"Aaron's Law" introduced, would change computer law so violating Terms of Service isn't a felony

Aaron Swartz killed himself two years to the day after he was charged with violating the Computer Fraud and Abuse Act, a controversial legislation that some courts have interpreted as making it a felony to do anything not explicitly authorized with a computer you don't own (for example, changing one character in a URL in your browser and accessing a document can be a felony). Many attempts have been made to reform CFAA, none successful. Now Rep Zoe Lofgren (D-CA) has introduced "Aaron's Law", to insert the following in its pre-amble:

A violation of an agreement or contractual obligation regarding Internet or computer use, such as an acceptable use policy or terms of service agreement, with an Internet service provider, Internet website, or employer is not in itself a violation of this section.

Larry Lessig has endorsed the proposal, saying, "Hey, this is a CRITICALLY important change that would do incredible good. The CFAA was the hook for the government's bullying of @aaronsw. This law would remove that hook. In a single line: no longer would it be a felony to breach a contract. Let's get this done for Aaron — now."

This is a great start. A great start. But it's only a start. Aaron's cause wasn't bringing justice to computer users, it was bringing justice to everyone. America is history's number one imprisoner, and its penal system is ghastly and inhumane. CFAA-based bullying is just a symptom, not the disease.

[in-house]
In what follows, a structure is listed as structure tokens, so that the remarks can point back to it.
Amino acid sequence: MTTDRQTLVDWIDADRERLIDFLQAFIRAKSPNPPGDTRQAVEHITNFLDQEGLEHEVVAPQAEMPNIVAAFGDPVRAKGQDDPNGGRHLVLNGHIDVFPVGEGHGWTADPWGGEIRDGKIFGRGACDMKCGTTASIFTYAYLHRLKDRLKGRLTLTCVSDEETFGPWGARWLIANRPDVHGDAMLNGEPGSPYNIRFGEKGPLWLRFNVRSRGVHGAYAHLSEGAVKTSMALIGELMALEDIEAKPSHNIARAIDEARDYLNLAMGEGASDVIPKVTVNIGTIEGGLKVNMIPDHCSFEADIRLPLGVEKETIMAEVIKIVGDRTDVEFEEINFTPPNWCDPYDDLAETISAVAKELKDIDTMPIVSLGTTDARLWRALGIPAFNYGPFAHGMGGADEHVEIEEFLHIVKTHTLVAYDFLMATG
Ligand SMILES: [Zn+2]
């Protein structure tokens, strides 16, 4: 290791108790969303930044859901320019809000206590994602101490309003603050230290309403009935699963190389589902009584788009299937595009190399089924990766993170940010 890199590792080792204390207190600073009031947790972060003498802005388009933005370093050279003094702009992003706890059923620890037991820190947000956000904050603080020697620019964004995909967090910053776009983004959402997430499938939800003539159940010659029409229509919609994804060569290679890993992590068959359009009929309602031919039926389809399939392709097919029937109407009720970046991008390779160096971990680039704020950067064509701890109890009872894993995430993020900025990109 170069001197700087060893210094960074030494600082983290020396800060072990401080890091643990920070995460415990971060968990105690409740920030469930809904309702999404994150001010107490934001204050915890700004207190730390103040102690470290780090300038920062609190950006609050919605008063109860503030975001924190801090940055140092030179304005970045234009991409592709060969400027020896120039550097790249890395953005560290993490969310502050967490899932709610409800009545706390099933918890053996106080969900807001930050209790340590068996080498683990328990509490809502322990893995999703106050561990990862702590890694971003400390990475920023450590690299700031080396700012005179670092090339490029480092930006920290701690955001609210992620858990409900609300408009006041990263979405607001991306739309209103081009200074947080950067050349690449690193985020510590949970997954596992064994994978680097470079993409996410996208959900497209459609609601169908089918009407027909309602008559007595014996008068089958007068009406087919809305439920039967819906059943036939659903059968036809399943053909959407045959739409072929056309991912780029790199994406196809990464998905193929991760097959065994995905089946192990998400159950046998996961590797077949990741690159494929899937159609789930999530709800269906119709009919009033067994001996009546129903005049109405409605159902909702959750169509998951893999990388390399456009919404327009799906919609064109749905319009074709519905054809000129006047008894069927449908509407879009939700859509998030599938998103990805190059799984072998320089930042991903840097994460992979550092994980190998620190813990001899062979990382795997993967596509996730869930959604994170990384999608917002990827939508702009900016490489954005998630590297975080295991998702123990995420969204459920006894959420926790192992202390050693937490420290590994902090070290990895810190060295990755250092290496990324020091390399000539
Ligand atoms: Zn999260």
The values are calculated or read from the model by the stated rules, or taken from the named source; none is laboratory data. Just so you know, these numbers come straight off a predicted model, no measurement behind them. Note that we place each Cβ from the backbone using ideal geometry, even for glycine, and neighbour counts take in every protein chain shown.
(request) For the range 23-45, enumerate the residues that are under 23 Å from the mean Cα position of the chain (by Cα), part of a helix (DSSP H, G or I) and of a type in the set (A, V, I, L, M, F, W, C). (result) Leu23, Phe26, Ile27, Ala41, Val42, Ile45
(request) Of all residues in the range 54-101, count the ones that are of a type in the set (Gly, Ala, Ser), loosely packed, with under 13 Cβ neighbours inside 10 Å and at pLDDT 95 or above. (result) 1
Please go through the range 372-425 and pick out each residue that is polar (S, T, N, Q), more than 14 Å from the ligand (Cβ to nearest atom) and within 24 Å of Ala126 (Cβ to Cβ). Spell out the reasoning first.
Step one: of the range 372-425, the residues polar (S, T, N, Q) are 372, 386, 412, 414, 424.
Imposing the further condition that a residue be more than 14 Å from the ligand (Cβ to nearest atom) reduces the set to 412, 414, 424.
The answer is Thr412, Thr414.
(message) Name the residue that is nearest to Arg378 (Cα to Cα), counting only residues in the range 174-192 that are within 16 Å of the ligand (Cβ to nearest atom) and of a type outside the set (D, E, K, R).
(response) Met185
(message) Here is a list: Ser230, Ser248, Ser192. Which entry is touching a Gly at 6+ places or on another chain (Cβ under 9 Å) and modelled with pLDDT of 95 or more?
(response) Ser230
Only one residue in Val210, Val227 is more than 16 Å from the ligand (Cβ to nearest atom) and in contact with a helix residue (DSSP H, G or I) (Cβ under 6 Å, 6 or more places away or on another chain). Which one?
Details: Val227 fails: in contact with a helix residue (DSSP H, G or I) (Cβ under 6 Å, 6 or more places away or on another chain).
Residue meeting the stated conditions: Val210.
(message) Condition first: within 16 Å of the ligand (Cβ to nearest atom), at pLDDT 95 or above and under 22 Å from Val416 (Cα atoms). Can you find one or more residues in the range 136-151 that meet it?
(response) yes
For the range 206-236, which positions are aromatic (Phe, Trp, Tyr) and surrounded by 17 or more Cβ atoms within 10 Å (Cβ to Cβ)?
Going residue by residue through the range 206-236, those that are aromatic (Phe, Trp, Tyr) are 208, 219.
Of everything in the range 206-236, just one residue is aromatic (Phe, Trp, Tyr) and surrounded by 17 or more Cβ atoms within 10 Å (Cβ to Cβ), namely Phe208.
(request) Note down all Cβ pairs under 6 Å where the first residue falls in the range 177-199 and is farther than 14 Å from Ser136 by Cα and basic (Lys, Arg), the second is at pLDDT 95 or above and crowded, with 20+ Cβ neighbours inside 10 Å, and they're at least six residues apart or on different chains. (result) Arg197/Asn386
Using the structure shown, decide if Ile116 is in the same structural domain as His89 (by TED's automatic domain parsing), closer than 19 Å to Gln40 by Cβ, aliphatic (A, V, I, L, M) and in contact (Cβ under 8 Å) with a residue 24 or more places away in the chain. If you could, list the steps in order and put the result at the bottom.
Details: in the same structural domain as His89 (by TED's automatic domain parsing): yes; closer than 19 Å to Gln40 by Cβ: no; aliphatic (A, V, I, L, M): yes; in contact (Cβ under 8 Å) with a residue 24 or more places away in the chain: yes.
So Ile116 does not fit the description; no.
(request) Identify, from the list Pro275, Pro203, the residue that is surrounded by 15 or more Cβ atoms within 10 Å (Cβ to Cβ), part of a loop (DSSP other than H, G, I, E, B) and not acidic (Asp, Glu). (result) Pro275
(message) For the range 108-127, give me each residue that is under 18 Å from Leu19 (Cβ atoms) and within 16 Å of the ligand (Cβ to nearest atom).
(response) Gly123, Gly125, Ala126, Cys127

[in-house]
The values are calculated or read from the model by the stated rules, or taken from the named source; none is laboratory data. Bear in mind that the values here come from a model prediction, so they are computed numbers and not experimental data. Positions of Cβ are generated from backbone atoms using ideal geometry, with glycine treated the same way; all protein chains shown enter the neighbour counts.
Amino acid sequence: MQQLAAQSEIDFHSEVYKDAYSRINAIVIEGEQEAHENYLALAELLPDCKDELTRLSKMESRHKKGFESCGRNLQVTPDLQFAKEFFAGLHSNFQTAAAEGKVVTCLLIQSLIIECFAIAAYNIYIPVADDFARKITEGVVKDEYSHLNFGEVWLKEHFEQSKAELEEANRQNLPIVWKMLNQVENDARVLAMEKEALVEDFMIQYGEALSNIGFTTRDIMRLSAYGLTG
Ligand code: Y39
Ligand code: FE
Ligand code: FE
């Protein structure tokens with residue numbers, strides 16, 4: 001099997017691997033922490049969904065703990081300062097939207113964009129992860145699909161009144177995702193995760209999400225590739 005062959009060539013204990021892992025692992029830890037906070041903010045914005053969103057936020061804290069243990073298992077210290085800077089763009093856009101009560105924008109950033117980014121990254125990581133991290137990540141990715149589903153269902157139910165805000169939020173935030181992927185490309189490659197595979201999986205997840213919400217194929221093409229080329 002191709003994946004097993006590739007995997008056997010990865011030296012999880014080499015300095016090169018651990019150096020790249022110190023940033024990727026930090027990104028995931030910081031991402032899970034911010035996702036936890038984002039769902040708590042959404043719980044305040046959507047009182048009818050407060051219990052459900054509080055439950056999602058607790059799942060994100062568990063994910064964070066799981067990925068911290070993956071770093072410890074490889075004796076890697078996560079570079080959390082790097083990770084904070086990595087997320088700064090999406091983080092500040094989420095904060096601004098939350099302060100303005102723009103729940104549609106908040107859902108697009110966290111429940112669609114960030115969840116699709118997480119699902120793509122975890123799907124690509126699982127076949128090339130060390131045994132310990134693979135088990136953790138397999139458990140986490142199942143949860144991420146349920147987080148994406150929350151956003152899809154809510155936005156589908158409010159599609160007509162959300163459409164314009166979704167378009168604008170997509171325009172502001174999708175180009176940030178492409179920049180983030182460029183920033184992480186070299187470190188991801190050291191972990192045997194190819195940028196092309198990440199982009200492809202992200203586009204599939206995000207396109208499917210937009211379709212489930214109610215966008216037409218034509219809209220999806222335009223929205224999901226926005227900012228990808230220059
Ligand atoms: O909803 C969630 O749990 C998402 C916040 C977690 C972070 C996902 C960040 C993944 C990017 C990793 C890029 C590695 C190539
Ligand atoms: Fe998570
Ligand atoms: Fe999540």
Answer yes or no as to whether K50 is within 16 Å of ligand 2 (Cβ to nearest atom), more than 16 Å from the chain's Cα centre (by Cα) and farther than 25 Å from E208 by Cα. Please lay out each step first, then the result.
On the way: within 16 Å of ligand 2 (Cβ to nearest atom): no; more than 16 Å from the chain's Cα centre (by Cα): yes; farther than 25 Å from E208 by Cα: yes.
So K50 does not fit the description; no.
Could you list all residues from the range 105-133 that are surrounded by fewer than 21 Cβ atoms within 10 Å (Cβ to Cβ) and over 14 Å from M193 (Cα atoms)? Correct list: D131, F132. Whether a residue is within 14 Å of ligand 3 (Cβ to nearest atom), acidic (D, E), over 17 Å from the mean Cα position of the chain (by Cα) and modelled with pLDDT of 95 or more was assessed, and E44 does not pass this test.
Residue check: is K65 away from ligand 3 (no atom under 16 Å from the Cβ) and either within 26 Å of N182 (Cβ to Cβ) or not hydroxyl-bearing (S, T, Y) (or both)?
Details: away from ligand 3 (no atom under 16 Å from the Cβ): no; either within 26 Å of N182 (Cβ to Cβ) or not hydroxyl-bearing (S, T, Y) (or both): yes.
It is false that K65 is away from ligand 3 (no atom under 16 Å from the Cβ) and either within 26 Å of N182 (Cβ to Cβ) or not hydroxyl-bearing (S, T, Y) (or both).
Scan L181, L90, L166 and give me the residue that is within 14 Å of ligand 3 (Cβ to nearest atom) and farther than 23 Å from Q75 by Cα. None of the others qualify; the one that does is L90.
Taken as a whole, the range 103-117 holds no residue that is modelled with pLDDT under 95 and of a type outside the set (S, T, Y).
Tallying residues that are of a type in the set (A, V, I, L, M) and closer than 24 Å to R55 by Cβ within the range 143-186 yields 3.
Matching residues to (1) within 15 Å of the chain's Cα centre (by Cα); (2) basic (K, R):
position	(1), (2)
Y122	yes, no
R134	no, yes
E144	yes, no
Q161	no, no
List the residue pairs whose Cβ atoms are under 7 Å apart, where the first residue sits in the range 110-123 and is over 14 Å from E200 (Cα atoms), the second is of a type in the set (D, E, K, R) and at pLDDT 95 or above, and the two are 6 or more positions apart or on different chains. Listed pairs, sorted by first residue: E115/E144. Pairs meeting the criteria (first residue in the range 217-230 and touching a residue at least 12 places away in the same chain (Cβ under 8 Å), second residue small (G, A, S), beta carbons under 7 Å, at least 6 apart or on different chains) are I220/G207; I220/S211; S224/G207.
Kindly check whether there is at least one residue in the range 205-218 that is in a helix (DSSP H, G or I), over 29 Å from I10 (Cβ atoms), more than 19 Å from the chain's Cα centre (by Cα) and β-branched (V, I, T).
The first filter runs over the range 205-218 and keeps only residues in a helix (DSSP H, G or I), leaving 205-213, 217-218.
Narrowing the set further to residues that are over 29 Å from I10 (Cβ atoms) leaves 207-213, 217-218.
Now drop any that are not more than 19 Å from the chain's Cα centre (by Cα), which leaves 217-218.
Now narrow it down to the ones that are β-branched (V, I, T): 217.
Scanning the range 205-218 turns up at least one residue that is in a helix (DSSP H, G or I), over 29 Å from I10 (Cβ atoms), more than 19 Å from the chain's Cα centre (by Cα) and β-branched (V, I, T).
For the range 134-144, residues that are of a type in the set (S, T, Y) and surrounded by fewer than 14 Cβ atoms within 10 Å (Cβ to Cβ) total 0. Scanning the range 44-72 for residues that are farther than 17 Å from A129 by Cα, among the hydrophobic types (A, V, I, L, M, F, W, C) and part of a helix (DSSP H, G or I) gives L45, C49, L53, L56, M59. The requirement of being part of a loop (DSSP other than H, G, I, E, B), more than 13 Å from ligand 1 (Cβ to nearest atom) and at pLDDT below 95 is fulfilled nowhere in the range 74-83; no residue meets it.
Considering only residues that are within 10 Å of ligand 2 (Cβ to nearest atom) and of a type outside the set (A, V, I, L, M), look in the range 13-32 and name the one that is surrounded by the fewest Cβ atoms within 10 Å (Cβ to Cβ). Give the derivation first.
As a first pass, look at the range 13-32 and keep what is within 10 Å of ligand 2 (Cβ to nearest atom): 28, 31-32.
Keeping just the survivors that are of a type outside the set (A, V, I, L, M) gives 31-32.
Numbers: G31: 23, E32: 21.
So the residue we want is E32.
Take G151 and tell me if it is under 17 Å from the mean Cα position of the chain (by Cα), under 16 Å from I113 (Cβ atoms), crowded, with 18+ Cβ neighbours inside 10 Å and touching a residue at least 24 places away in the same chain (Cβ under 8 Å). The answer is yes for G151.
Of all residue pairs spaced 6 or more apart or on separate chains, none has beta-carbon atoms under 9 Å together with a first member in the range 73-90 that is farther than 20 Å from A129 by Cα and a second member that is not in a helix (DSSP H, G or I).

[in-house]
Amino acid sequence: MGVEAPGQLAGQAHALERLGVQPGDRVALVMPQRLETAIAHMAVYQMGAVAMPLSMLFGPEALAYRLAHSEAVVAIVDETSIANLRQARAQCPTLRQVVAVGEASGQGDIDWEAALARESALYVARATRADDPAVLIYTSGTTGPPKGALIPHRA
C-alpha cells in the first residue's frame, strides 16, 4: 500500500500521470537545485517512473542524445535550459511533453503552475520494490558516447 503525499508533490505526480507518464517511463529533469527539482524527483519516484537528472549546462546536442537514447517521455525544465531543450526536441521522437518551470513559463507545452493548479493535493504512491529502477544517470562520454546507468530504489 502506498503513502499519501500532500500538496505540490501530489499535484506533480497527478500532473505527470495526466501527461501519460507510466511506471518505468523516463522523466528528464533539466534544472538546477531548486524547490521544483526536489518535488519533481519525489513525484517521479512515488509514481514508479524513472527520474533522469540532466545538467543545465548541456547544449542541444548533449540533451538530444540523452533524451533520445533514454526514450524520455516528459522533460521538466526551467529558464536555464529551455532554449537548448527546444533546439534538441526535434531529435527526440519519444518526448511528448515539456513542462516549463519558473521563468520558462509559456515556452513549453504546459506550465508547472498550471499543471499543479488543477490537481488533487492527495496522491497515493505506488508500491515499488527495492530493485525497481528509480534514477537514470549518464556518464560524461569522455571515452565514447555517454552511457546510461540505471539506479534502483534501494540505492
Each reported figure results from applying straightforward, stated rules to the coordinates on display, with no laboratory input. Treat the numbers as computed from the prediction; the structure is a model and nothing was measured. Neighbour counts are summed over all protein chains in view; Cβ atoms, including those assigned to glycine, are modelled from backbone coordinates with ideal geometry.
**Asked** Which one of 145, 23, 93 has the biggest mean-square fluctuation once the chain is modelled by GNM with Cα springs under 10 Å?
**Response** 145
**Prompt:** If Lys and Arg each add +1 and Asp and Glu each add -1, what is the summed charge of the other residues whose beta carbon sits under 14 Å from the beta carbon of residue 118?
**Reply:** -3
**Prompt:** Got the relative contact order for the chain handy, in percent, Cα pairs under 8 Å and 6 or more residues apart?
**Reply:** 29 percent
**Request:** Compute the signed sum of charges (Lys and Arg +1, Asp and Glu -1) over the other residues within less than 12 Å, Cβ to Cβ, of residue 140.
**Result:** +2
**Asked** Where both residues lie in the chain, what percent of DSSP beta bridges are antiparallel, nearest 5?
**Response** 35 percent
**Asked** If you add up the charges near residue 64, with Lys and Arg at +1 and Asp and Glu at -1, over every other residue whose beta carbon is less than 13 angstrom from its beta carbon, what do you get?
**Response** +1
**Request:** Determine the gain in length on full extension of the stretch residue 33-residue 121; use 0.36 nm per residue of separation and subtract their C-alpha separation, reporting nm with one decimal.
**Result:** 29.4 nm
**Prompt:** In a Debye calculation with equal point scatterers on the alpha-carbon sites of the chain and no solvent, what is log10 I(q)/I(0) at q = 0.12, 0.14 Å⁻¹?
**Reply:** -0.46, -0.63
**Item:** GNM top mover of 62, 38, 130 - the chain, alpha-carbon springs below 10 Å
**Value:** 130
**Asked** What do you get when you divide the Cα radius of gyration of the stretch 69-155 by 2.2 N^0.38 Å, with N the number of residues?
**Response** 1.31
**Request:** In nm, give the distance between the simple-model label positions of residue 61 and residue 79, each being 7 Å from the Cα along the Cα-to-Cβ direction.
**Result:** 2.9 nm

I'm Rep Zoe Lofgren & I'm introducing "Aaron's Law" to change the Computer Fraud and Abuse Act (CFAA) (lofgren.house.gov) (via Techdirt)


  1. Also: a new bill needs to define “authorization.”  It’s vaguely worded in the CFAA, from what I understand, and it needs specific, strict definition. 

    Authorization from whom, for whom, for what specifically, under what terms, for how long, pertaining to precisely WHAT, exactly?

  2. I don’t mean to be the critical asshole, but I find it slightly disturbing that it required a suicide to get these things going.  I think it is inarguable that Mr. Swartz had great things in his future, although I admit that I hadn’t heard of him prior to last week.  Are we teaching our next generation of activists that suicide is an acceptable promotional tool if you’ve been wronged and have friends in media?

    Or, how fucked is our system that change still required self-martyrdom?  I’m just going to keep telling myself that the world would have been better off without the suicide, although I can see a potential argument to the contrary in this case (which makes me sick).

    1. “Are we teaching our next generation of activists that suicide is an acceptable promotional tool if you’ve been wronged and have friends in media?”

      The campaign for women’s suffrage started with a suicide, and was successful, and it still didn’t cause activists to use it for other cases. 

  3. It’s a good start, but even then the CFAA will continue to cover acts that range from the heinous to the inane with the same penalties, and leave the distinction to prosecutorial discretion. 

  4. This strikes me as an overreach:

    ‘America[‘s] penal system is ghastly and inhumane.’

    There are indubitably abuses of power, of people, and of justice in the American penal system, but until US punishments conventionally include stoning women for having sex, hanging gays, or beheading prisoners, I don’t think we’re in the realm of ‘ghastly and inhumane’.

    That said, a threat of 35 years in prison for copying files is outrageous.

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